Patron of statesmen and politicians

Patron of statesmen and politicians

One of the gaps in our troubled world today is the lack of role models, those who embody the ideals of what we would like to be, or what we could become as individuals and as a nation. Perhaps, this gap is most felt in the field of government and politics.

Many may not know that our Catholic faith has provided us with one such role model—St. Thomas More, he whose famous line is: “I am the King’s good servant, but God’s first.”

Pope John Paul II declared St. Thomas More the Patron of Statesmen and Politicians in the year 2000.

In his apostolic letter issued motu proprio making such proclamation, Pope John Paul II writes that the life and martyrdom of St. Thomas More speaks of “the inalienable dignity of the human conscience” which is “the most intimate center and sanctuary of a person, in which he or she is alone with God whose voice echoes within them.”

I wonder how many in government and politics right can truthfully say that they follow their conscience in the exercise of their roles and responsibilities.

JP II continues: “Whenever men or women heed the call of truth, their conscience guides their actions reliably towards good…St Thomas More, because of the witness he bore … to the primacy of truth over power … is venerated as an imperishable example of moral integrity.”

In these times of proliferation of fake news, there is a greater call for people to search for and follow the truth. And because of the role of both social and mainstream media, this appeal for conscience and truth is also addressed to those who manage and direct the communication programs of their client politicians.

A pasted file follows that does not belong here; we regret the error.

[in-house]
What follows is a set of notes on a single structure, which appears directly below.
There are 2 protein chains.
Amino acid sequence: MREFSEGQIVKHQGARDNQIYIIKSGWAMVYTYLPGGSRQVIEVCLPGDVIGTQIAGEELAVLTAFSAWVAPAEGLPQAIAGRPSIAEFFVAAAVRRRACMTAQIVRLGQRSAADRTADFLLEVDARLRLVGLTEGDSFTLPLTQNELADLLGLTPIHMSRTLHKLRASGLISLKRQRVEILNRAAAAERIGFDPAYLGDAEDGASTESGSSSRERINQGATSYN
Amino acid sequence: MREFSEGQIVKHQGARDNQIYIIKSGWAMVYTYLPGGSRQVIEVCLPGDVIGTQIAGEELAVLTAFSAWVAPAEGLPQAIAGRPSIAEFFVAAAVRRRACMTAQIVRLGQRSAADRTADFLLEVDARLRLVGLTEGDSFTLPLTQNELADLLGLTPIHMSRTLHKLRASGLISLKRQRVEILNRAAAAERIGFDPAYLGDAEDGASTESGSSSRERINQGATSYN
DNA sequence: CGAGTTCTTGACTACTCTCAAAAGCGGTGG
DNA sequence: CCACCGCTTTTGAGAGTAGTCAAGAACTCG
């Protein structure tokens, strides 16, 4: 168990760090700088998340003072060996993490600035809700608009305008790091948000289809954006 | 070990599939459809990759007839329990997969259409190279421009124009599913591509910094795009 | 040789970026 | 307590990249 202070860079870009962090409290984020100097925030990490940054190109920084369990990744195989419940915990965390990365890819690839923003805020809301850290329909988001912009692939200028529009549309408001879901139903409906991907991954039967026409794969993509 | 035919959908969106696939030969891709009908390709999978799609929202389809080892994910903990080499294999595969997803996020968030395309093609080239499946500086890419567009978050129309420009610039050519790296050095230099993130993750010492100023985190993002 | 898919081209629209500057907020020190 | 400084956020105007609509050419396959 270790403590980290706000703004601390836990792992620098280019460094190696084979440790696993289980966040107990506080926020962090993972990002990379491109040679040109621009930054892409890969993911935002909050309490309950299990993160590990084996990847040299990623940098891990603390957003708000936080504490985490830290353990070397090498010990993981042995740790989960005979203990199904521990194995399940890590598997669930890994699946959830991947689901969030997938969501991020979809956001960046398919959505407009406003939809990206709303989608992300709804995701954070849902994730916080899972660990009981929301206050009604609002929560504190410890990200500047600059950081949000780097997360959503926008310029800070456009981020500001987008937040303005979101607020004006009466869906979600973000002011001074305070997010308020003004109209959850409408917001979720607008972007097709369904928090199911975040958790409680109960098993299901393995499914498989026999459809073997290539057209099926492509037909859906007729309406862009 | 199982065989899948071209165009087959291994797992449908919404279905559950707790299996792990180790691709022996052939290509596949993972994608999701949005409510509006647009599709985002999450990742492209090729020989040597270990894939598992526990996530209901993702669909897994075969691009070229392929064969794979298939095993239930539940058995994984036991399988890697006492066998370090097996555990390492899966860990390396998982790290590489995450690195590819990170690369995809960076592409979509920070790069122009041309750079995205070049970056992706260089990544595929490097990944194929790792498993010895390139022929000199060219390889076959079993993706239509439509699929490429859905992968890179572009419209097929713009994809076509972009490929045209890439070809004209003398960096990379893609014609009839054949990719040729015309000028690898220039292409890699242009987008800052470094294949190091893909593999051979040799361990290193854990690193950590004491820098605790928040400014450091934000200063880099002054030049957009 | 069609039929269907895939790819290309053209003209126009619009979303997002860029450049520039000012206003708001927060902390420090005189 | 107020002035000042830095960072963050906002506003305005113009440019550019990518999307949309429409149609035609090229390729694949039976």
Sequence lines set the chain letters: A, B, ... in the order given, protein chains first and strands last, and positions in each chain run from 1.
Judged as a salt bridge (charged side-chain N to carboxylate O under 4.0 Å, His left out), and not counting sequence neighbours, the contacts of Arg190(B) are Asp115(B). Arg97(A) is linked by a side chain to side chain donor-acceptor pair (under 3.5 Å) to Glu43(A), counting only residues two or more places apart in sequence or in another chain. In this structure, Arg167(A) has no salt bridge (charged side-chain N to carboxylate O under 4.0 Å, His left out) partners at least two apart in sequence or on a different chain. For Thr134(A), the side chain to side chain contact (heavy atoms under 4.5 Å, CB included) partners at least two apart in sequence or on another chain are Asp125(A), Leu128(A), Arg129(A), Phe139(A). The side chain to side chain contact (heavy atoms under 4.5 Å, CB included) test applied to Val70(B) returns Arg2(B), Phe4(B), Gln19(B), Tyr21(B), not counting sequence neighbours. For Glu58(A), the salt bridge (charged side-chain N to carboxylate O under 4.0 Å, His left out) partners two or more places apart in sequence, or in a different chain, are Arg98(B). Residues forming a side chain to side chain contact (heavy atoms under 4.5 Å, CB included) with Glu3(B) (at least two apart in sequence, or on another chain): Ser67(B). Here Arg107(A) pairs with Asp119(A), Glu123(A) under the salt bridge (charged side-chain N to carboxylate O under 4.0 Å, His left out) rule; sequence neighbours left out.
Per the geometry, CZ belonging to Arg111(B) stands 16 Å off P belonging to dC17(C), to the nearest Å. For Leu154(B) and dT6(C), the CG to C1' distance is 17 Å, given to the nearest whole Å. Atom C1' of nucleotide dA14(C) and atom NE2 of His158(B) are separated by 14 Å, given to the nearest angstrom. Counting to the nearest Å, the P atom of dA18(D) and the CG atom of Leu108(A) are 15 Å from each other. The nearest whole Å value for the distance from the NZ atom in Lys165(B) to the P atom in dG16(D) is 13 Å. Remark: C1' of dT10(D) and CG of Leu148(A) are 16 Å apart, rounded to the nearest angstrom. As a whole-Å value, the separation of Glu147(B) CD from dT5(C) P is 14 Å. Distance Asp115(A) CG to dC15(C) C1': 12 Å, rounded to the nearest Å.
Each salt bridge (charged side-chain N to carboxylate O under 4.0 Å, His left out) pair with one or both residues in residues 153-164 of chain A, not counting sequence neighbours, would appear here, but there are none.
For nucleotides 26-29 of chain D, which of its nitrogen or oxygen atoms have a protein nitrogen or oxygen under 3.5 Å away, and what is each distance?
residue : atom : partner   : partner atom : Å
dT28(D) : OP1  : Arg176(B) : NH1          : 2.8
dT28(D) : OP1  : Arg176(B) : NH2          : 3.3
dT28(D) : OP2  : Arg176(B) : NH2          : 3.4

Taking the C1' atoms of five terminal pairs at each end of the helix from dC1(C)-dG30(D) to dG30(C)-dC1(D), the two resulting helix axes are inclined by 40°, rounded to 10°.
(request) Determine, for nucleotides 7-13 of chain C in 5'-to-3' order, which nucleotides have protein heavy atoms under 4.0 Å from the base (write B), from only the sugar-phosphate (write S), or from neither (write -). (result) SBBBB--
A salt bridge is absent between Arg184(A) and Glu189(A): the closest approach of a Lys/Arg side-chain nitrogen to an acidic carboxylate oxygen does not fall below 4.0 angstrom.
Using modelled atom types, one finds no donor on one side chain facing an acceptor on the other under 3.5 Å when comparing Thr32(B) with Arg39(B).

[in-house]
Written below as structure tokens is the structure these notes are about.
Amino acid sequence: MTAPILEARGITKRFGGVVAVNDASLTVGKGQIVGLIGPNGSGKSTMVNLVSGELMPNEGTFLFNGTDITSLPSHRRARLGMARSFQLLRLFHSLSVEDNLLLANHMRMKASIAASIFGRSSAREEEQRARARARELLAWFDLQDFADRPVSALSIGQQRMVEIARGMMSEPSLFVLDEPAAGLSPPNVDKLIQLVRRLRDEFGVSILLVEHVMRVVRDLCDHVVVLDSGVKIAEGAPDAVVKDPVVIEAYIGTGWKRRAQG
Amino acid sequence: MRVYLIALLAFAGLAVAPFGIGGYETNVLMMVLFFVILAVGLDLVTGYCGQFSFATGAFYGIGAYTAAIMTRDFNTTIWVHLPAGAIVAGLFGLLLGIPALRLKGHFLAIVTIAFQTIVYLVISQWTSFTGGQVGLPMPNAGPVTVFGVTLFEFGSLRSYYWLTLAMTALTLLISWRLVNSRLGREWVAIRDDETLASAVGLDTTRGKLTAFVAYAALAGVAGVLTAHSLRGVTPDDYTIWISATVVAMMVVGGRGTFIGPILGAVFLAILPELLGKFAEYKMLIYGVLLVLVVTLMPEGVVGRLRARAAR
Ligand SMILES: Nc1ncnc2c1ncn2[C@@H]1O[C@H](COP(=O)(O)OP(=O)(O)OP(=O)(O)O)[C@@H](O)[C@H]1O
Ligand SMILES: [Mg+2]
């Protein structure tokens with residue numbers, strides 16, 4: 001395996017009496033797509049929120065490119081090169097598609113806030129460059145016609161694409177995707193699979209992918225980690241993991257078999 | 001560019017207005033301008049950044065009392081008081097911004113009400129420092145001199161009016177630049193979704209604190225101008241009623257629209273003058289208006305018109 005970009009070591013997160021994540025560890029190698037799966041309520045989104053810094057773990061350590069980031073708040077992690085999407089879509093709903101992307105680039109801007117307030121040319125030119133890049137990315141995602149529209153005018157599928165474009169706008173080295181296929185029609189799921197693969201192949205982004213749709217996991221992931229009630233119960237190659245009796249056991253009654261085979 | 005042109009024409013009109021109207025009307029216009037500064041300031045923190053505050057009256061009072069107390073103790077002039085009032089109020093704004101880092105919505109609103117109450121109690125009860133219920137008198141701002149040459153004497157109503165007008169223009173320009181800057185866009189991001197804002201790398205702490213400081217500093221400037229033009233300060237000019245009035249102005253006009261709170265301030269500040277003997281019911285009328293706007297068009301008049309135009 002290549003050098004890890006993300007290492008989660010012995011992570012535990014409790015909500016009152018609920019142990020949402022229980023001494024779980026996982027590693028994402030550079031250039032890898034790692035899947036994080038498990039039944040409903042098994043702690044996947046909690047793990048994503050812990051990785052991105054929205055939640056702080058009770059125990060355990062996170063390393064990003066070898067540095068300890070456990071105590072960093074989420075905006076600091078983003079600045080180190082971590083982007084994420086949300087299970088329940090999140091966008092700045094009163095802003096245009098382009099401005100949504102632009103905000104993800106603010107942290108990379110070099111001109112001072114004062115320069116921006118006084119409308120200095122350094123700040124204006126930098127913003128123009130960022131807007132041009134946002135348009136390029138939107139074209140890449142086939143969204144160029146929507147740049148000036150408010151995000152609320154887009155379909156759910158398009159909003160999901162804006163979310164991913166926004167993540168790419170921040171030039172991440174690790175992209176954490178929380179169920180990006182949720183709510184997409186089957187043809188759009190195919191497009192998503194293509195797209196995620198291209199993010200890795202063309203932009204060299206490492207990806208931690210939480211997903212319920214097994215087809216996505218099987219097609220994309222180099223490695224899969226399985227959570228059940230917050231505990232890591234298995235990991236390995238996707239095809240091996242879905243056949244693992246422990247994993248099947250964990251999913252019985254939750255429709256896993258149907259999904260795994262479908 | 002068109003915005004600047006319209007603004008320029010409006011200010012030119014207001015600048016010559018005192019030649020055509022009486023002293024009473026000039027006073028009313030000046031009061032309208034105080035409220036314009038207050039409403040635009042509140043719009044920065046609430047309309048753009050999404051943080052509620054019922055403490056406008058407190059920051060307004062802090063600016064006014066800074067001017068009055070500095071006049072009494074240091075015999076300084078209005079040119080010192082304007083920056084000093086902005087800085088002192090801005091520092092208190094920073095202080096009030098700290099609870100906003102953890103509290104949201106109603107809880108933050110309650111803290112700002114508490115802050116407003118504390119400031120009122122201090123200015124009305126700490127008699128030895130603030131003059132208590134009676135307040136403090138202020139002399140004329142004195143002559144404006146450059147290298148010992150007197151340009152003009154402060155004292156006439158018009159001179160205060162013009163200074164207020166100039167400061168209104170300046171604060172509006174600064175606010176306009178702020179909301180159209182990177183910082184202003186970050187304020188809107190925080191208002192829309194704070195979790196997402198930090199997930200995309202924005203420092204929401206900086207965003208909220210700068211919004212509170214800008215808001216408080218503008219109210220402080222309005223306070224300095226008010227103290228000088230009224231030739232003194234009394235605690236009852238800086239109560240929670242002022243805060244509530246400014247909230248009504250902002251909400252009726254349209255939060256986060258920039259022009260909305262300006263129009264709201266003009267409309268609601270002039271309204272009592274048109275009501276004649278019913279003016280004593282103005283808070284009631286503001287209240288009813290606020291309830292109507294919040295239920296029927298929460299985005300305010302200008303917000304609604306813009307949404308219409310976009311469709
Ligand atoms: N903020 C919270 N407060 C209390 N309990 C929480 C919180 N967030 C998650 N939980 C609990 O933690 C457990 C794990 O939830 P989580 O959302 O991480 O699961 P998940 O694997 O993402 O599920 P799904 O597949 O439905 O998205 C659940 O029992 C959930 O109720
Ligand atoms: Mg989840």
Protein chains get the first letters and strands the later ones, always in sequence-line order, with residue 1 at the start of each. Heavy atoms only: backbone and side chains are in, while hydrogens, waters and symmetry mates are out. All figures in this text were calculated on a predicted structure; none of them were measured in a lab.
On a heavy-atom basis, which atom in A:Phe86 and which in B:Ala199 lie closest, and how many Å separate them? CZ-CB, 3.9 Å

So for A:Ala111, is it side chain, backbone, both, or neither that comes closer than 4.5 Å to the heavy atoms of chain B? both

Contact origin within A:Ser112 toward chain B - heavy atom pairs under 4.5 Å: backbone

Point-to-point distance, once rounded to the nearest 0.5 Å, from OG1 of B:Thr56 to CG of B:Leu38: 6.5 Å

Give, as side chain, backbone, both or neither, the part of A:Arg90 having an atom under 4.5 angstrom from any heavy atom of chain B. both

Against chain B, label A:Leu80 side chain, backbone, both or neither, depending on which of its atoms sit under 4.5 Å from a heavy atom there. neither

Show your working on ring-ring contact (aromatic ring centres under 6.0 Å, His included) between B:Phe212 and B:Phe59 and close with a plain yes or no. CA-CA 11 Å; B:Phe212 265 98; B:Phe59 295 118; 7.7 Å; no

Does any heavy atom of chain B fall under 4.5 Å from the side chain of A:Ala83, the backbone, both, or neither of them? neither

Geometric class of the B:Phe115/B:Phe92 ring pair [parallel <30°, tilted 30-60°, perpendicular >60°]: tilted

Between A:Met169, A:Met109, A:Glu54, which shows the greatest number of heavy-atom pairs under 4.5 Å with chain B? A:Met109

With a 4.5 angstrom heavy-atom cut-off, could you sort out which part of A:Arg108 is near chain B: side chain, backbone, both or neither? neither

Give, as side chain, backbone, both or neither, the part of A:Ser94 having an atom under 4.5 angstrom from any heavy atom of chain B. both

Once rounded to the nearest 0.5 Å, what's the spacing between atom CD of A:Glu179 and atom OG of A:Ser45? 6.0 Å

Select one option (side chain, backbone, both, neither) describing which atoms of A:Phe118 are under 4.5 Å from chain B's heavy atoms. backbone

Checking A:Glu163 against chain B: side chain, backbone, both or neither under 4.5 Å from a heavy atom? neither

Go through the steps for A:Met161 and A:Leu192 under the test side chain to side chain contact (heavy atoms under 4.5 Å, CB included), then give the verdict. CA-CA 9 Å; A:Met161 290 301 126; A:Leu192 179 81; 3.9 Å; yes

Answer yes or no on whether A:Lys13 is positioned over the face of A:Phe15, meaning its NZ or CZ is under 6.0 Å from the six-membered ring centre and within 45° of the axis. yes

It is comforting to note that now St. John Paul II’s declaration of St Thomas More as Patron of Statesmen and Politicians was not a move of the Catholic Church alone. “Such declaration was made also upon the petition of several Heads of State and Government and numerous political figures. Those supporting the petition include people from different political, cultural and religious allegiances.” These show that St Thomas More “is acknowledged … particularly among those with responsibility for the destinies of peoples … as a source of inspiration for a political system which has as its supreme goal the service of the human person.”

In Couples for Christ (CFC), we have St. Thomas More and Associates as our sociopolitical renewal ministry. St. Thomas More is also the patron saint of the Ateneo Law School. The fraternity I belong to in this law school, the Fraternal Order of Utopia, has its name based on the written work of St. Thomas More, “Utopia,” which describes an ideal society.

There are a few other organizations named after him. Yet, it seems our combined efforts are not yet enough, as we still do not readily see nor widely feel the impact of his values and principles in our society today. It is my hope that through this and following posts, and the intensified efforts of many similarly minded people and groups, St. Thomas More’s life and example will be more widely known, and more importantly, emulated and lived out. I thank an esteemed brother in CFC and colleague in the legal profession, Arnel Santos, for the materials he provided on our common patron saint.